- About Us
- Collection Analysis
- Retention & Access
Working with a statistical consultant, Prof. Grant Ritter of Brandeis University, and advised by the EAST Validation Working Group, the EAST team developed the following methodology for the study:
- Provided a sample of 6,000 items for each of the 52 libraries for a total of 312,000 items to be sampled across the two cohorts
- The sample was drawn from the data extracts the library had provided as part of the collection analysis
- Developed a data collection tool that supported easy and efficient collection of data by workers [typically student workers] in the library
- Provided documentation on how to check the library's sample against its local circulation system to eliminate items known to be checked out before items were checked on the shelves
- Developed an easy to implement mechanism to provide a cursory check of the physical condition of the item as it was being handled by the worker
- Provided documentation to the libraries to facilitate training of their local workers.
Working closely with the Validation Working Group, which had been appointed by the EAST Executive Committee, as well as OCLC’s Sustainable Collection Services®, the vendor working on the EAST collection analysis, the EAST team completed preparation for the VSS by mid-February 2016 with the data collection taking place in early spring of 2016 for Cohort 1 libraries, and in the fall of 2017 for Cohort 2 libraries.
The Data Collection Tool for the Validation Sample Study
To support efficient data collection for the first sample validation study, the EAST Data Librarian, Sara Amato, worked closely with members of the Validation Working Group to design a web-based tool. The tool supports download of the random lists of titles selected from the holdings records for each of the libraries participating in the VSS. Prior to using the tool, librarians ran the randomized list of 6,000 titles against their current ILS to mark any items currently in circulation. Accounting for checked out volumes from the beginning ensured only items which are expected to be found present will be downloaded to the tool.
To use the tool, a student or staff worker specifies the number of items they wish to check and those are loaded in location and call number order. Using a tablet, laptop or workstation with an attached barcode, the worker then scans the first title in the list. If the item is present based on the barcode read, the tool automatically updates the status as present. The worker is then asked to do a brief condition check of the item to determine whether its condition is poor, good/acceptable or excellent. Both documentation and a short video were developed by the EAST team to provide training to the workers to simplify this check.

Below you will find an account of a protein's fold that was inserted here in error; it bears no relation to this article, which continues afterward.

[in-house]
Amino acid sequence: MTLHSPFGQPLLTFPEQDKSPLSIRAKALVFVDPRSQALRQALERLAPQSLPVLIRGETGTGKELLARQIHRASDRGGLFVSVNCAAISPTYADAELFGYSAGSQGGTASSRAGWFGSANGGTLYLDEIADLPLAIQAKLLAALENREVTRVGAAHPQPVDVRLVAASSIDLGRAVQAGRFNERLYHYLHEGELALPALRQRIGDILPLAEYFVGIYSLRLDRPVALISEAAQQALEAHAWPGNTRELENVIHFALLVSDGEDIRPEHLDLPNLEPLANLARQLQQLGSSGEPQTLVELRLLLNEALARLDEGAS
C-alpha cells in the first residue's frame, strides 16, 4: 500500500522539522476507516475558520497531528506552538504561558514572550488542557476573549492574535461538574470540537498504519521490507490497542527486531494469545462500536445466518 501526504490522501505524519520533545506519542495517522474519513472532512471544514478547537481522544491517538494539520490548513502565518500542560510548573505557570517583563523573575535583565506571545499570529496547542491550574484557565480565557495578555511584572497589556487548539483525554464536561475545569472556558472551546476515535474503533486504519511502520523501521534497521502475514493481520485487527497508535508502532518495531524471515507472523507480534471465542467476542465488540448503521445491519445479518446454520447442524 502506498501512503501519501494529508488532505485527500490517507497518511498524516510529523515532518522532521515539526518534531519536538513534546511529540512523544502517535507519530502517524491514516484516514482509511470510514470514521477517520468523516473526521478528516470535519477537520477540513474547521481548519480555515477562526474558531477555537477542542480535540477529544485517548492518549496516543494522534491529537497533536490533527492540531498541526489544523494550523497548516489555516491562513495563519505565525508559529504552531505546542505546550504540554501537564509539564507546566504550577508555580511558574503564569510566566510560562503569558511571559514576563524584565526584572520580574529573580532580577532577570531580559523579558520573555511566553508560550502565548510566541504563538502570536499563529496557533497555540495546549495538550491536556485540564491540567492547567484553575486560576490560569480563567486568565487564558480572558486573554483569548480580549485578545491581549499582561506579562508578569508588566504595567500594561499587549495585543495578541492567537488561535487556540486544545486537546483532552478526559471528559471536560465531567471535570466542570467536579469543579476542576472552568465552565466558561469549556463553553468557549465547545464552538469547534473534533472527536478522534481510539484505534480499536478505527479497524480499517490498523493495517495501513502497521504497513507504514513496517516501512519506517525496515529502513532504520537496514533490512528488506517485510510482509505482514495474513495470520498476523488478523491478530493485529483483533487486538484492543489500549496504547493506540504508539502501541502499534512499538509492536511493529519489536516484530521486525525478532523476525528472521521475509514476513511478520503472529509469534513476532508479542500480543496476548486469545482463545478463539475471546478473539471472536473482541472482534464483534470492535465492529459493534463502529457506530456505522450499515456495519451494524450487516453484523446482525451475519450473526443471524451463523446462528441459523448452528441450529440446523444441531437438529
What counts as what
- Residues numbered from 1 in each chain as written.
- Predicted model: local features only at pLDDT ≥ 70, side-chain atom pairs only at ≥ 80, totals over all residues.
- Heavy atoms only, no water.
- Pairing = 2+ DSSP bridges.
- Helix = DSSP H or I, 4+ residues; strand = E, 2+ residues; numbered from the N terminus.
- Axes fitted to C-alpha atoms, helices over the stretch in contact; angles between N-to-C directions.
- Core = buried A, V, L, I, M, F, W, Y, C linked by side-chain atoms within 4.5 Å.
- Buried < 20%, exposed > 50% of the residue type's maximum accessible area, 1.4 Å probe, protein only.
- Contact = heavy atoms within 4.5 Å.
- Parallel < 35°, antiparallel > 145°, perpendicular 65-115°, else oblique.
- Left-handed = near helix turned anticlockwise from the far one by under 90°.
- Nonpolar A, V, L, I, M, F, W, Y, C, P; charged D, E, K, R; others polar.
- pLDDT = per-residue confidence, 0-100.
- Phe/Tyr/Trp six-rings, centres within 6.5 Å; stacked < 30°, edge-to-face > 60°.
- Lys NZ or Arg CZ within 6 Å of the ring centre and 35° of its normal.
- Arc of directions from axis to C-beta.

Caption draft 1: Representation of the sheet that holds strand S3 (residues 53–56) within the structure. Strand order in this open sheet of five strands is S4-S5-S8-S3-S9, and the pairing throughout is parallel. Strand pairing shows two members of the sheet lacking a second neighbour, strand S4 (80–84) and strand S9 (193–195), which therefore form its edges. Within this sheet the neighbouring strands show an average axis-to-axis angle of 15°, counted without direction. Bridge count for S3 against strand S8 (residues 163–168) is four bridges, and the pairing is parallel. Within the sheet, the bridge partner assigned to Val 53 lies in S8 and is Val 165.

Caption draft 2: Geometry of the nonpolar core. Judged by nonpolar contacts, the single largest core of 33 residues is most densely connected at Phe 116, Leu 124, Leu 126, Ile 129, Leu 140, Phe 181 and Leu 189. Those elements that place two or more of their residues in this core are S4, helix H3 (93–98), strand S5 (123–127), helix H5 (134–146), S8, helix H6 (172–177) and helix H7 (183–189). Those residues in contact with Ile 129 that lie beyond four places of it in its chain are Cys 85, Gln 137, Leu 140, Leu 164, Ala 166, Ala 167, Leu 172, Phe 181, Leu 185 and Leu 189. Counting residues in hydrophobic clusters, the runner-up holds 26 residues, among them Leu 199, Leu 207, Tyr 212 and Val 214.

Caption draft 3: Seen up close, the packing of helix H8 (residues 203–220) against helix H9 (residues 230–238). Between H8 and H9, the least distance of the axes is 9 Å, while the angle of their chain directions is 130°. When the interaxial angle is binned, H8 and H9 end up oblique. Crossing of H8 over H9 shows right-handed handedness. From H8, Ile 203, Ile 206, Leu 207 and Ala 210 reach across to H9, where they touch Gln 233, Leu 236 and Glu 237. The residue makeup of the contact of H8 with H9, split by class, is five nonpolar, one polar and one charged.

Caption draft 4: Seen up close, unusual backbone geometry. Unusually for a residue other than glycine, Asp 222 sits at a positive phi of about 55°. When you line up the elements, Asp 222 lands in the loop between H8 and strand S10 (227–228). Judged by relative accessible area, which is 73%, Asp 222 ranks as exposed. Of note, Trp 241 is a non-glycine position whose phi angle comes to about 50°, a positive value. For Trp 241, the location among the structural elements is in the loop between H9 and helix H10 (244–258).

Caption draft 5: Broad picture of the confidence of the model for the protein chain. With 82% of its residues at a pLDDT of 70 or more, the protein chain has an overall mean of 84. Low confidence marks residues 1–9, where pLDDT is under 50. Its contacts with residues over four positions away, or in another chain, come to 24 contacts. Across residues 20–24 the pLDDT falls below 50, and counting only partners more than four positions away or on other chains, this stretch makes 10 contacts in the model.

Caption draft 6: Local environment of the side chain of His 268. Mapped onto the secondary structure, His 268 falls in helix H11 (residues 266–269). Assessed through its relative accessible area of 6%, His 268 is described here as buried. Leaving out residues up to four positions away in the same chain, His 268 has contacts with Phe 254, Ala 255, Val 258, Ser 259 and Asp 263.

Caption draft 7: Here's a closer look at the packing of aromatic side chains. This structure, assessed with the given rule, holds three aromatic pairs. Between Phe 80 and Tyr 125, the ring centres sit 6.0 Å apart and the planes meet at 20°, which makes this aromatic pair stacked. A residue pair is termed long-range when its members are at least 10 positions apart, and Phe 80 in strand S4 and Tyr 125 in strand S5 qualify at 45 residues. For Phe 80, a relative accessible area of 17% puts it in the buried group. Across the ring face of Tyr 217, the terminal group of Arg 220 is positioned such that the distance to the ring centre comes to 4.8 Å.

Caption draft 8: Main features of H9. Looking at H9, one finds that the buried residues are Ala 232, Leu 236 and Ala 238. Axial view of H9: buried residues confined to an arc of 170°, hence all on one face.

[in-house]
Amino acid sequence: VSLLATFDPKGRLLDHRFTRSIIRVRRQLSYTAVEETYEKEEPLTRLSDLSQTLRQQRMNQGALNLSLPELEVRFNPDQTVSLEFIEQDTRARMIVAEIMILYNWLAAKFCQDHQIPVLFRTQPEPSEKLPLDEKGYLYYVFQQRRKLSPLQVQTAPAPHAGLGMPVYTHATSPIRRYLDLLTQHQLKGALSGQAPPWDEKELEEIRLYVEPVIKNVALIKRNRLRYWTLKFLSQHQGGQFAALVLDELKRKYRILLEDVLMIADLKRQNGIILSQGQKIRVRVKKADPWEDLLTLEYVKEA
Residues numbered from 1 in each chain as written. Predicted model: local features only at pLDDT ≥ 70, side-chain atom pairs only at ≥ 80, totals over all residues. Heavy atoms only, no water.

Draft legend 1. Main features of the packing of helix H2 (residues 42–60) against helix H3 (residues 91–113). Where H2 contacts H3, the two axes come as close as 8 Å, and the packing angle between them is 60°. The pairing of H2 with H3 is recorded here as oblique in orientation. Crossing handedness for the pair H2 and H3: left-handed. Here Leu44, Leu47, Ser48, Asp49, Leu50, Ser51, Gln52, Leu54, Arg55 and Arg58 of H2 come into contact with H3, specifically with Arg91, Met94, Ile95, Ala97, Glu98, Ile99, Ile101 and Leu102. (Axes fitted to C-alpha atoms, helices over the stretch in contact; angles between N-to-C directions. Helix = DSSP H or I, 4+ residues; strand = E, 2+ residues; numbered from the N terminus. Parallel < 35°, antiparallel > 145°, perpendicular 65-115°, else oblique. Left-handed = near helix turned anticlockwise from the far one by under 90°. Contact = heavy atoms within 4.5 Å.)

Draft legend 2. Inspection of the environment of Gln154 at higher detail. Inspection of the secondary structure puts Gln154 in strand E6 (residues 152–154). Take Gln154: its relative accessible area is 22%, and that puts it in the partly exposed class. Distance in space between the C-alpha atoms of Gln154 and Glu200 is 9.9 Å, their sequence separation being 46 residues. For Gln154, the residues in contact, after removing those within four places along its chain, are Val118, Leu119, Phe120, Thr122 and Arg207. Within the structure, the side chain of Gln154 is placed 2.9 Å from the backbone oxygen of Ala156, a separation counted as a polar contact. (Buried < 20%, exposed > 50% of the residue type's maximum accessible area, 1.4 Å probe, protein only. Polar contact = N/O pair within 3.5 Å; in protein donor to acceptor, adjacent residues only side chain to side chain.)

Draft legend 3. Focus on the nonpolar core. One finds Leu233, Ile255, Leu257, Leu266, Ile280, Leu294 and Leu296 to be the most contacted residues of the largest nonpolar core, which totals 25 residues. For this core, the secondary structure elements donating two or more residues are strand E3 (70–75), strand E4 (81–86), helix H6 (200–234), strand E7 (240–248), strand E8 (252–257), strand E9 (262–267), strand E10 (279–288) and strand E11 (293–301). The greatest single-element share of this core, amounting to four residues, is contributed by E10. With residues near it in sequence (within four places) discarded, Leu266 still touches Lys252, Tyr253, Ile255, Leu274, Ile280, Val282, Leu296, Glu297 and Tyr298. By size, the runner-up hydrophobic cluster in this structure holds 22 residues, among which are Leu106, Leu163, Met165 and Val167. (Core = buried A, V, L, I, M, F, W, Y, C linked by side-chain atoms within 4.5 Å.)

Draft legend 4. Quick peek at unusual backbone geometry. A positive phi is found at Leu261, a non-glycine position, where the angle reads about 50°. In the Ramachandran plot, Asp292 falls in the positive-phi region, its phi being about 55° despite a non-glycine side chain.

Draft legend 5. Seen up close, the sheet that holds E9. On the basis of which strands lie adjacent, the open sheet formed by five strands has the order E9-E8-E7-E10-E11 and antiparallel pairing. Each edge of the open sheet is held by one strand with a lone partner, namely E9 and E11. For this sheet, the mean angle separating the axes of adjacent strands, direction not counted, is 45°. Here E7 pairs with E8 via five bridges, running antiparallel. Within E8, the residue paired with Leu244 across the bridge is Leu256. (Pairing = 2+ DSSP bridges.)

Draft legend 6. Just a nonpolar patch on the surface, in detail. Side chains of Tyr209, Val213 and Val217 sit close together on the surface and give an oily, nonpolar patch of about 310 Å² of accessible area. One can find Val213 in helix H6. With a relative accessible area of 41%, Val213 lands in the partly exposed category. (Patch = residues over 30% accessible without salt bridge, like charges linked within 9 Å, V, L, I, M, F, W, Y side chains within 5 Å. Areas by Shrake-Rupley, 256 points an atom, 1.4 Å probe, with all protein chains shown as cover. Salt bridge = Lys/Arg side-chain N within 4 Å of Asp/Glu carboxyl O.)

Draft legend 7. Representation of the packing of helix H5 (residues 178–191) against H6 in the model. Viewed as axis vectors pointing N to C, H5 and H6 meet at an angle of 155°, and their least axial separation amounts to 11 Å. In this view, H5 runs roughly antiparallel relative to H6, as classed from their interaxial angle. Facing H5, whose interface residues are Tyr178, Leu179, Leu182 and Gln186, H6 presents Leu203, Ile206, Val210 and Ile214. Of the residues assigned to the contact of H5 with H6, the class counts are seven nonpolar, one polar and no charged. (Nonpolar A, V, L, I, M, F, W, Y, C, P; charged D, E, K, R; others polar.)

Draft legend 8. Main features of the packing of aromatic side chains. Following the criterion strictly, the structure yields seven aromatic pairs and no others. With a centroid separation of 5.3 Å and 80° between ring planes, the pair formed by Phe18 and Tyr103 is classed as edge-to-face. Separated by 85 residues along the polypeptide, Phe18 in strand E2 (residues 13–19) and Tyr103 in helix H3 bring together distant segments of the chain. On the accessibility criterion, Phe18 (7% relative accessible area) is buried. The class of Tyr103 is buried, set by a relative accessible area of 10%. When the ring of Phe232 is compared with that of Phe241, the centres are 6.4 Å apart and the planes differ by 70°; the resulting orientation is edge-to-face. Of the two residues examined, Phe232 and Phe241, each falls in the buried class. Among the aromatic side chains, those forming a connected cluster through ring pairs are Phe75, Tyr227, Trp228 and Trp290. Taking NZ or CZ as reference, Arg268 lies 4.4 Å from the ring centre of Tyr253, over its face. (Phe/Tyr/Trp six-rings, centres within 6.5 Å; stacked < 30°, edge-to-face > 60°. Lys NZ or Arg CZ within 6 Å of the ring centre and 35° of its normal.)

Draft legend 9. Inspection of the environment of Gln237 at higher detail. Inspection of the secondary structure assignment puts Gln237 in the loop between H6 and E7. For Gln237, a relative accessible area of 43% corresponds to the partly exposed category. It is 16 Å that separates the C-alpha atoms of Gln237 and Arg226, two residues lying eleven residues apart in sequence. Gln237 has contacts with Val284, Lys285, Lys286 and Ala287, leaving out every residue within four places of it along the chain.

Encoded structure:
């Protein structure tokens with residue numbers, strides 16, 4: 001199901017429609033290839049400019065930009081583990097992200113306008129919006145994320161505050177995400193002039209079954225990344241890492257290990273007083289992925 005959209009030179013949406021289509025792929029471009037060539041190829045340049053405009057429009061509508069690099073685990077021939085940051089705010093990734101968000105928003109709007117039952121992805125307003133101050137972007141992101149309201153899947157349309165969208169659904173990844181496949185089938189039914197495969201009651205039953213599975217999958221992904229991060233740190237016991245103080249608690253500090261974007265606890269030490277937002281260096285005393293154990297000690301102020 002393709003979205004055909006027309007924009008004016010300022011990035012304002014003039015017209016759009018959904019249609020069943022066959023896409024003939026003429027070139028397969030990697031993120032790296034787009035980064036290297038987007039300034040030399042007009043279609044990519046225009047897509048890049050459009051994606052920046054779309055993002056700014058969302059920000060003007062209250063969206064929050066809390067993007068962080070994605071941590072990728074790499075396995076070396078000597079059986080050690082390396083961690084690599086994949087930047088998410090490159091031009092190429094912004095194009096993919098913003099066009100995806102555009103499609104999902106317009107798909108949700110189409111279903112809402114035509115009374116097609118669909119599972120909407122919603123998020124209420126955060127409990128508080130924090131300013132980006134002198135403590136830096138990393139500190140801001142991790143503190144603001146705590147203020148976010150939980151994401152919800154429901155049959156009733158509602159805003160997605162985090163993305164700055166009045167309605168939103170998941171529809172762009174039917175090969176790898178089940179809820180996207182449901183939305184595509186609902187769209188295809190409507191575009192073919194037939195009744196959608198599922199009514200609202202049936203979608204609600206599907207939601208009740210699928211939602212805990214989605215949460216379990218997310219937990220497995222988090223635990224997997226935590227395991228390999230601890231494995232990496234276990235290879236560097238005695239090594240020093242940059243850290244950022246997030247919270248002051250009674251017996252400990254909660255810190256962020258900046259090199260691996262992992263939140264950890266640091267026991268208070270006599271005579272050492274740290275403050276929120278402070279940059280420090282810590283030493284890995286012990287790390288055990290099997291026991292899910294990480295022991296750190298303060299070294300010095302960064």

Although access to wifi is required for the initial download of the items to be checked and to upload the list once the checking is complete, the actual barcode scanning and condition checking can be completed offline. The tool is also designed to support multiple users simultaneously checking items in the stacks.
Since the workers were handling each item to perform the check, they were also asked to perform a check of the condition of the physical item based on a three point scale: 1 - Poor 2 - Average 3 - Excellent. This data was entered into the data collection tool following the scanning of the barcode and required only minimal additional time on the part of the workers. A training video for the workers was made available to assist and to better ensure consistency across the libraries.
Because the data collection tool reported back results immediatly as groups of items checks were submitted, the EAST team had up-to-date access to the availability metrics across the EAST libraries. Upon completion of the data collection, results [anonymized except for reporting to the local library] were shared across the EAST membership.
How the Validation Data Collection Tool Works
The data collection tool allows workers to check the shelves to determine whether or not items expected to be available on shelf are present. Items which had been identified as being checked out or missing were not presented by the tool for shelf validation. For items that were not found on the shelf but were expected to be present, the worker can perform a manual check against the catlaog using the tool. Whenever possible, the data downloaded to the tool included barcodes so that the workers could use a barcode reader attached to the laptop or tablet and simply scan the item's barcode to confirm presence.
As shown above, once a worker can scanned the barcode, the tool will record it as "Present". At that point, the worker performs a cursory examination of the physical item and selects the description that best reflects its condition: Excellent, Acceptable/Good or Poor. Further details on the tool, including access to the open source software are available on GitHub.